Posted by nliakos on February 18, 2007
by Pang-Mei Natasha Chang, 1997; audiotape narrated by the author
The author if this fascinating little book is a Chinese-American woman who interviewed her great aunt, Chang Yu-i, about her life. Chang Yu-i was born into a wealthy Shanghai family and was married at age 15 to a man who did not like her. Trained to be obedient to her husband and his family, she did everything she was supposed to (bore a son, served her in-laws, obeyed her husband’s every wish) but was still despised by him. He abandoned her in Europe, then divorced her in China’s first Western-style divorce (which did not take place in China). Nevertheless, she supported herself as a teacher in Europe, eventually returned to China, continued to care for her ex-husband’s parents because his new wife refused to do so, managed a women’s bank, and finally emigrated as the Communists were about to take over Shanghai. Living through such an interesting part of Chin’s history, she saw the social changes sweeping through China at first hand.
The text, which seems to be a direct transcription (or, perhaps, translation) of Chang Yu-i’s words, is interspersed with the author’s recollections of her own shorter history, as she discovered her family’s history.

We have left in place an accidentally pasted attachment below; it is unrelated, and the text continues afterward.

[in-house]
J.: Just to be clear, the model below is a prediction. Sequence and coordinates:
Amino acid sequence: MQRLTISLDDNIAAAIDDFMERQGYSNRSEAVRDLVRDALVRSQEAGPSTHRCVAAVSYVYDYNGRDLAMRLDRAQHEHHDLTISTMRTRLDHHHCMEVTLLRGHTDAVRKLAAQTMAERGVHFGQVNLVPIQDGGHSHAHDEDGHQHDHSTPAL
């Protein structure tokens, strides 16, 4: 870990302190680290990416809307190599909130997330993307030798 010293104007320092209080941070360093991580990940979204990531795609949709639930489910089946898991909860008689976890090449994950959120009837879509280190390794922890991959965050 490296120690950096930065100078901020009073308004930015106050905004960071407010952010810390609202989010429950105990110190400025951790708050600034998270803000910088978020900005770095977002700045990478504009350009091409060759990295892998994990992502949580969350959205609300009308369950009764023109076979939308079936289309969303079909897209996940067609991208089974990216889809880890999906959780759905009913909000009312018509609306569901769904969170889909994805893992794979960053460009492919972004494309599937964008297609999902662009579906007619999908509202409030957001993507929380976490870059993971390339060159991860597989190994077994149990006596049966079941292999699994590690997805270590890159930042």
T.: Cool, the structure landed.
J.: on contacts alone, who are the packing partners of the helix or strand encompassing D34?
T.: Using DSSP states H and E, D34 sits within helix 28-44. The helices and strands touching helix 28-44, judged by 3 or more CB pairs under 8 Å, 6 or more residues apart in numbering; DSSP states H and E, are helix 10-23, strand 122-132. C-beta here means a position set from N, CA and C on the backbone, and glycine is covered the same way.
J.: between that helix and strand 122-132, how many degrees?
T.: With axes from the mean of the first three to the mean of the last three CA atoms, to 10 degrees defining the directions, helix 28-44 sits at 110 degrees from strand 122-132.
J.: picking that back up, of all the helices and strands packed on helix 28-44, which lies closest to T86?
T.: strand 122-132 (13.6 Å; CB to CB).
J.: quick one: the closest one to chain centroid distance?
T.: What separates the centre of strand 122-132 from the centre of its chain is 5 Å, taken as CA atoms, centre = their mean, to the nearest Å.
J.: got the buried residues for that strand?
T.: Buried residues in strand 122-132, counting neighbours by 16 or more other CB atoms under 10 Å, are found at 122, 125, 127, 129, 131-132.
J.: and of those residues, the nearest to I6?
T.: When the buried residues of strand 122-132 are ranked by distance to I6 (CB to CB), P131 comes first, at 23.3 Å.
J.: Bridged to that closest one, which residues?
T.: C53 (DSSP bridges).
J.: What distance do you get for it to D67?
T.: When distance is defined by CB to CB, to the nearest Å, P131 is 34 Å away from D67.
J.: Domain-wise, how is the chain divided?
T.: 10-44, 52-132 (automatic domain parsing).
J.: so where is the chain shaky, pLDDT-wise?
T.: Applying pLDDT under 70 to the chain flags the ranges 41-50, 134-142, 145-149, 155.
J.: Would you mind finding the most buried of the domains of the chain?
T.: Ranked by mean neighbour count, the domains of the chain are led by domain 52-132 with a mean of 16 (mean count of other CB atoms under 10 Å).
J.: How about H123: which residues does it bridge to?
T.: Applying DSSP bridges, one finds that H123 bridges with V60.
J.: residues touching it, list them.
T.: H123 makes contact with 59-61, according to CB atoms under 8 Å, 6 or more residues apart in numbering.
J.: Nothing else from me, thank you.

Chang Yu-i’s story seems horrific to a “liberated” modern woman–the stuff of some sexist nightmare. Her patience and strength despite the adversity she faced are hard to believe.
I enjoyed this book a lot. I think it would be particularly interesting for Chinese students, who would probably find it quite easy to understand.
Click here for the Reading Group Guides.com review and discussion questions of this book.
Posted in Non-fiction, Recommended for ESL or EFL Learners | Leave a Comment »
Posted by nliakos on February 18, 2007
by James W. Loewen, audio CD narrated by Brian Keeler
This is a really amazing book! Loewen, a sociologist, analyzes 12 high school textbooks about U.S. history and finds them both boring and inaccurate. He points out that although truths about Columbus, the Pilgrims, the plagues that killed Native Americans (leaving an essentially empty land for Europeans to take over), Woodrow Wilson, Helen Keller, various US-led coups d’etat, Vietnam, etc., are well-known to historians and are routinely taught at the college level, high school texts still present American history as continual progress toward an ideal. History is presented as a list of political events controlled by (mainly) heroic presidents; Columbus and the Pilgrims make up our “creation myth”.
Although I was already aware of many, if not most, of the ugly facts presented here (such as the ugly history of our relations with Native Americans and the US involvement in the assassination of Salvador Allende and Mohammed Mossadegh), the pattern that is created by all of them considered together is a sad and even frightening one. Like many college-educated Americans, I never took an American history course after high school. It is astonishing how distorted a picture of our history is created in books such as the 12 Loewen discusses here.